Taking Stock / Clean as the driven mud
Our culture seems to think criminal charges are a letter of recommendation. State Comptroller Eliezer Goldberg repeated yesterday that Prime Minister Ariel Sharon stepped into a grave conflict of interests when he personally intervened in the rezoning decisions of the Israel Lands Administration, because of the lands he and his family own in Kfar Malal.
In his letter, Goldberg explains that Attorney General Elyakim Rubinstein's decision not to file charges against Sharon does not legitimize the prime minister's acts.
"The State Comptroller engages in public administration, while criminal matters are the jurisdiction of the attorney general," Goldberg wrote. "Some deeds contravene, sometimes even gravely flout, compulsory norms, even if they do not cross the line into criminality ... The attorney general's decision does not grant, nor is it intended to grant, legitimacy to the deeds criticized by the State Comptroller."
With heartfelt regret, we beg to differ with Goldberg.
Not only is failure to file criminal equivalent to clearing Sharon's slate: In recent years an astonishing practice has developed in Israel, in which criminal convictions even grant legitimacy to public figures.
A long list of public figures, businessmen and top officials have been charged and convicted of criminal offenses. Yet somehow they retained their good names and influence. Some managed to keep their jobs or even got promoted.
In many cases, they managed to spin things so well that their conviction was magically transformed into an acquittal, and the harsh criticism leveled at them by the court evaporated into thin air.
Hands up - can anybody name a person convicted of a whole slew of crimes, including falsification of corporate documents, yet was still appointed chairman of Discount Investment Corporation? Here's a hint: His surname is "Recanati."
Do you know who was found guilty not once but twice of criminal acts, including obstruction of justice, yet who remains the most powerful force in Israel's second-biggest newspaper group? You don't need a hint for that one, do you?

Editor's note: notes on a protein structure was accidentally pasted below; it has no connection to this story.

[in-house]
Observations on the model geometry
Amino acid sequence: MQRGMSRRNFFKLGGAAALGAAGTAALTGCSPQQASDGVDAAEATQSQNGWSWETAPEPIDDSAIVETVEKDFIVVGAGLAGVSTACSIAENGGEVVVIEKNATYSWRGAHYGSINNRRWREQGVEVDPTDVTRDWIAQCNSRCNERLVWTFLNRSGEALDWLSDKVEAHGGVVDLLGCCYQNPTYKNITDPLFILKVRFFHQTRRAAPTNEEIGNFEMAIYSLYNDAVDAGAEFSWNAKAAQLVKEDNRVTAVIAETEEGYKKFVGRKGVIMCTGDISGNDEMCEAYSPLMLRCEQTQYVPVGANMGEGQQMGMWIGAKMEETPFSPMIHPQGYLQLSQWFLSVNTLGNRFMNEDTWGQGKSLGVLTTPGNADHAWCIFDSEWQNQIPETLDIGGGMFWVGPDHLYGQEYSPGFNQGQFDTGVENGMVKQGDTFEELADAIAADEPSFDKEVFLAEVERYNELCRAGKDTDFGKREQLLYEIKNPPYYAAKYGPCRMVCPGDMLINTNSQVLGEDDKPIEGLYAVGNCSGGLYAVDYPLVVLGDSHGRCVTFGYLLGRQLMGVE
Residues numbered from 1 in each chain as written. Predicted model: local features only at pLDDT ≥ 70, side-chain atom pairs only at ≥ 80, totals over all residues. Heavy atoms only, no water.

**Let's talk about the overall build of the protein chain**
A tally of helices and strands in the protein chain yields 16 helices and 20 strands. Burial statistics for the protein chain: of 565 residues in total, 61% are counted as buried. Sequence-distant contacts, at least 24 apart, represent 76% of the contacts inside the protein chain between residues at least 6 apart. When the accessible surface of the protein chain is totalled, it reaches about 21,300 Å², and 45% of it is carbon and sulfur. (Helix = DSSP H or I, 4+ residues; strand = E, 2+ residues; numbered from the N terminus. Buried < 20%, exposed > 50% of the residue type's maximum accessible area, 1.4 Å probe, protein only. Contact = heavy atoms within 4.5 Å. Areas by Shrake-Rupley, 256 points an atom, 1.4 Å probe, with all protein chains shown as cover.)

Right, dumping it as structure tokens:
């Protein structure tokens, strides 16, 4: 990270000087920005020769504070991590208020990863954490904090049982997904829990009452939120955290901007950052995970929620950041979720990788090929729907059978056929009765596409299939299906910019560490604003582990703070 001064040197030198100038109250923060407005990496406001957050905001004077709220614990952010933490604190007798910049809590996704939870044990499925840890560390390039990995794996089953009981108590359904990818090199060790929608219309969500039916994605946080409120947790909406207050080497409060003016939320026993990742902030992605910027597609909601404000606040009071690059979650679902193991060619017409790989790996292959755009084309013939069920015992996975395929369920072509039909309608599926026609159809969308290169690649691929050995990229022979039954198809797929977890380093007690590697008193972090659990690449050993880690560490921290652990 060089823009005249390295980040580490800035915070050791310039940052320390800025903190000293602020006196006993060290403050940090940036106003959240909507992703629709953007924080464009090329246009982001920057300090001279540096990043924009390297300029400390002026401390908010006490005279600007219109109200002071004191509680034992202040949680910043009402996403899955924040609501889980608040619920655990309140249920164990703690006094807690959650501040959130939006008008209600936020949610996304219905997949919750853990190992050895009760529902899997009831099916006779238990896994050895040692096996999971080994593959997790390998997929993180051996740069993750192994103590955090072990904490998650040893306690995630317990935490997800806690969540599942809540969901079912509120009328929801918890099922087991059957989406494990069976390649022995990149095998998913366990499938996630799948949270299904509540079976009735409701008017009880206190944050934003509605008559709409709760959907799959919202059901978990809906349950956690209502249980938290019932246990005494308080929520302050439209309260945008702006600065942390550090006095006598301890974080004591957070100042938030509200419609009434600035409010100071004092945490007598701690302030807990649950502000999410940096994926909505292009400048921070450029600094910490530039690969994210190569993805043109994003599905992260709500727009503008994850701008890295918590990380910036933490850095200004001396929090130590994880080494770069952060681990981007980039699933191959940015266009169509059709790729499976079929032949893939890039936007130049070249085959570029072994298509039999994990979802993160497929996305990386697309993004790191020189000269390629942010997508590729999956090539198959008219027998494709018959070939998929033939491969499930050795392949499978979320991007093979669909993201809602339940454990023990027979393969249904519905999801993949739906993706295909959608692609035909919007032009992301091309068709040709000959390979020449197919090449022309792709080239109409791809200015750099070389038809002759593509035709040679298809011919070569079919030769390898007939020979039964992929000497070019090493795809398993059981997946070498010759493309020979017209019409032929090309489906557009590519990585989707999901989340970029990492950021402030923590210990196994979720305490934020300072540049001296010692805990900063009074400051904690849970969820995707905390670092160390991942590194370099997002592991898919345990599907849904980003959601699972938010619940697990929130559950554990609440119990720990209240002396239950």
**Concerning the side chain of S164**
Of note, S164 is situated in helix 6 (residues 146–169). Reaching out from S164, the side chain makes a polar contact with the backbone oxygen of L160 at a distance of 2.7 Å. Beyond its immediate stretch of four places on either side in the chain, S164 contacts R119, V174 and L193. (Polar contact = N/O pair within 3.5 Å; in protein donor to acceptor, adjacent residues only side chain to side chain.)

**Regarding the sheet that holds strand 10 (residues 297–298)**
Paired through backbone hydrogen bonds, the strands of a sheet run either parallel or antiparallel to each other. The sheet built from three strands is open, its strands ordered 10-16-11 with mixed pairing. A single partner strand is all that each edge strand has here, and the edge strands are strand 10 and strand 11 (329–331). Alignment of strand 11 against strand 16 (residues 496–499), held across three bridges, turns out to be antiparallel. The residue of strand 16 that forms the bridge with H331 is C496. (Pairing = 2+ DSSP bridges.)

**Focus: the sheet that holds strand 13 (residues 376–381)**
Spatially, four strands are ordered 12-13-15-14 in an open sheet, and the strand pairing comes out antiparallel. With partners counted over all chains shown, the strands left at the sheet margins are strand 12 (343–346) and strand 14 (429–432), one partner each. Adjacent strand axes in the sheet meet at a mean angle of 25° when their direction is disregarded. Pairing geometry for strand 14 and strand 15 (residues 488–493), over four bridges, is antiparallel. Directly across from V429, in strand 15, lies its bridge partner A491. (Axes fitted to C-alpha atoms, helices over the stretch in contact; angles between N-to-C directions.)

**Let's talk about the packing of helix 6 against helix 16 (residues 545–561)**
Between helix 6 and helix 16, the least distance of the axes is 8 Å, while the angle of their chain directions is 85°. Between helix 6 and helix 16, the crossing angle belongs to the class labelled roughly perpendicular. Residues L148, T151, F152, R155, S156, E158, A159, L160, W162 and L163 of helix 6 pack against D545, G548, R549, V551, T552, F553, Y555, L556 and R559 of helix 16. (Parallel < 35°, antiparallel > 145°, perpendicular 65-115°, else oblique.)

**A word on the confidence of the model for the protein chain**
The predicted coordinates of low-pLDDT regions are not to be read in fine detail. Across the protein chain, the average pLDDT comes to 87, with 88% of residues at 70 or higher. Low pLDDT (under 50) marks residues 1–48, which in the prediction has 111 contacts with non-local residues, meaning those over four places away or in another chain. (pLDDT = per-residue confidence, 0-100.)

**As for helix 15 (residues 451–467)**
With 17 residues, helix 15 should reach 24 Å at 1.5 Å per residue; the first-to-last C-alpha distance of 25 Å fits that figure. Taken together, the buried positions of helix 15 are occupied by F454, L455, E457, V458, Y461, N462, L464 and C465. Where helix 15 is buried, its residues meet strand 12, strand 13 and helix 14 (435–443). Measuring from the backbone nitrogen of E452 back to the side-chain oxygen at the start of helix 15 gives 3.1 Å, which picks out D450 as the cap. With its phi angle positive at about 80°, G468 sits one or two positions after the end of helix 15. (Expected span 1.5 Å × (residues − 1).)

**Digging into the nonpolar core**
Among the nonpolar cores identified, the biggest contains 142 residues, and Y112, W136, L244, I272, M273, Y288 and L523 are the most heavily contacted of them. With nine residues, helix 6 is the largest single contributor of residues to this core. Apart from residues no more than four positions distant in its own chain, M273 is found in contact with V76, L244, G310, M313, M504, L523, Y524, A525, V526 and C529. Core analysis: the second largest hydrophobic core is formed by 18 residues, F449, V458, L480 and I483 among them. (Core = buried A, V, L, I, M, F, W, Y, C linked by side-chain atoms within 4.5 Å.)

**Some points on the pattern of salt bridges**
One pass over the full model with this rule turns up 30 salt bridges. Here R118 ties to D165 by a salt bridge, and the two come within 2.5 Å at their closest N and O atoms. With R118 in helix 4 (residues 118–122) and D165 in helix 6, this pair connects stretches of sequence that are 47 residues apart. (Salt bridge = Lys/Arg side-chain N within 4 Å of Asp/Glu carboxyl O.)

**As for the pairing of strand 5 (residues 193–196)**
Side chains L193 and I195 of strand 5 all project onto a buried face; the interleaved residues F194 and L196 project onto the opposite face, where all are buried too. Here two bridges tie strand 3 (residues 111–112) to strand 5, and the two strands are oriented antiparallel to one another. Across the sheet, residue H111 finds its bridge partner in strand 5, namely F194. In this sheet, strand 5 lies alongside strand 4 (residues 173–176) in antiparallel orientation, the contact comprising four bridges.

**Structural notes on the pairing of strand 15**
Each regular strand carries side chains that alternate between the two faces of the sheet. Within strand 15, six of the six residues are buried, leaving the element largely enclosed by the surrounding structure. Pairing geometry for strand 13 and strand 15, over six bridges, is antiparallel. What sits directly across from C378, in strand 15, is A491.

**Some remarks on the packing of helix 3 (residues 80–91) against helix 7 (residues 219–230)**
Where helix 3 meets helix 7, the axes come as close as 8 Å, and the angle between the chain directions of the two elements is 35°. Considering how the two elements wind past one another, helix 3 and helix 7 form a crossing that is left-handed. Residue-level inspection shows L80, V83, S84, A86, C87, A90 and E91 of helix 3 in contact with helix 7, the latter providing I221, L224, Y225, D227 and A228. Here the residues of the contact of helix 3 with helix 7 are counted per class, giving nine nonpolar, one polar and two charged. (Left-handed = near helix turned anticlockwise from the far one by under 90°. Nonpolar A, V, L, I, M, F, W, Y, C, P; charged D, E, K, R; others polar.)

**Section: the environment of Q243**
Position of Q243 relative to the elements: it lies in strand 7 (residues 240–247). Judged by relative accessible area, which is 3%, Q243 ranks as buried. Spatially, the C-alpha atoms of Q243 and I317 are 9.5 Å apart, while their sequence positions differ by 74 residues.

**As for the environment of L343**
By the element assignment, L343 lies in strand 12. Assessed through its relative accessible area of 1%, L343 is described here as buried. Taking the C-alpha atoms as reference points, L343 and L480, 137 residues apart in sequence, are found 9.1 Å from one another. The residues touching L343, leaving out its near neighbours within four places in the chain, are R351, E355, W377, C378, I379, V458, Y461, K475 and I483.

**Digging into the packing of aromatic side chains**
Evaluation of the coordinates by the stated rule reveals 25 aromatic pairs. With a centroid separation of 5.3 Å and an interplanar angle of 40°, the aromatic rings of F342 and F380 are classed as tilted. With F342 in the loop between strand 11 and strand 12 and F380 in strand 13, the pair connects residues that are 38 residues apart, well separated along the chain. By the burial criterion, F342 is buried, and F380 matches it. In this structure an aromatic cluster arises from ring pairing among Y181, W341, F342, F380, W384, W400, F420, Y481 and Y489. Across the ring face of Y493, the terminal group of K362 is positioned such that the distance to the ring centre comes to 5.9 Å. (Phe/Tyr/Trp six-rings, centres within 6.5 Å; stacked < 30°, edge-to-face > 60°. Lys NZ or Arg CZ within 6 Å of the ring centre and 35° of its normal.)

How about this one? Who was acquitted by the High Court of corruption, even though the evidence showed he'd abused his public position to help his friends receive permits worth millions of dollars? But the court couldn't grasp why his friends paid him, right after he left his job as director of the Prime Minister's Office, a cool $150,000 in cash.
Need a hint? He was recently one of the candidates to chair the Israel Football Association and his initials are the same as "serve sentence," although he won't be doing that.
As for the ones who were acquitted, though criminal malfeasance couldn't be proved, the courts passionately criticized the offenders, stating they had behaved unethically.
Yet wonder of wonders, the public system simply dismisses the courts' verdicts and opinions.
A recent case was Avi Dotan, formerly the commander of the Israel Police's central Tel Aviv unit and later the chief of the police's intelligence division. He was acquitted, though not cleared, of grave corruption charges. Setting him free on grounds of doubt, the court ruled that Dotan's testimony had been riddled with inaccuracies and that his deeds certainly involved serious ethical transgressions.
Among other things, the court wrote that considering the sensitivity of his positions, Dotan should have disclosed his business relations (via his wife) to his superiors and/or to the police's legal counsels. Regarding Dotan's testimony, the court wrote: "Dotan had been involved, materially, in establishing companies, while his statements under questioning by the police that he had no connection whatever to She'at Mishak (the Game Time company) were inaccurate, to say the least." Despite his acquittal, the evidence aroused grave suspicions that he had accepted bribes.
Apparently, in Israel, a verdict like that isn't just an acquittal, it's a letter of recommendation. This week Infrastructure Minister Joseph Paritzky announced Dotan's appointment as chief executive of the Israel Gas Corporation.
So Prime Minister Ariel Sharon and his sons Gilad and Omri can rest easy. If the attorney general decides not to charge them in all these pending cases, then nobody will give a hoot that the material evidence shows they received monies improperly.
Even if the attorney general were to file charges, describing the long list of money transfers and financial acrobatics indicating they abused their positions and contacts for personal gain, they could continue operating with impunity. Everybody's innocent until proven guilty, after all.
Even if charges were filed and the courts were to acquit them, though wailing to the skies about their unethical, illicit behavior - it would only do them good, because our culture deems that tantamount to a virtual halo.
And if they were found guilty of criminal acts, well, that's no cause for concern either. They'd still have their good friends from the party, the business world, the public sector, the Knesset and the ministries who remember them fondly, and who'd take care to get them the jobs, the esteem and the power they would not eschew.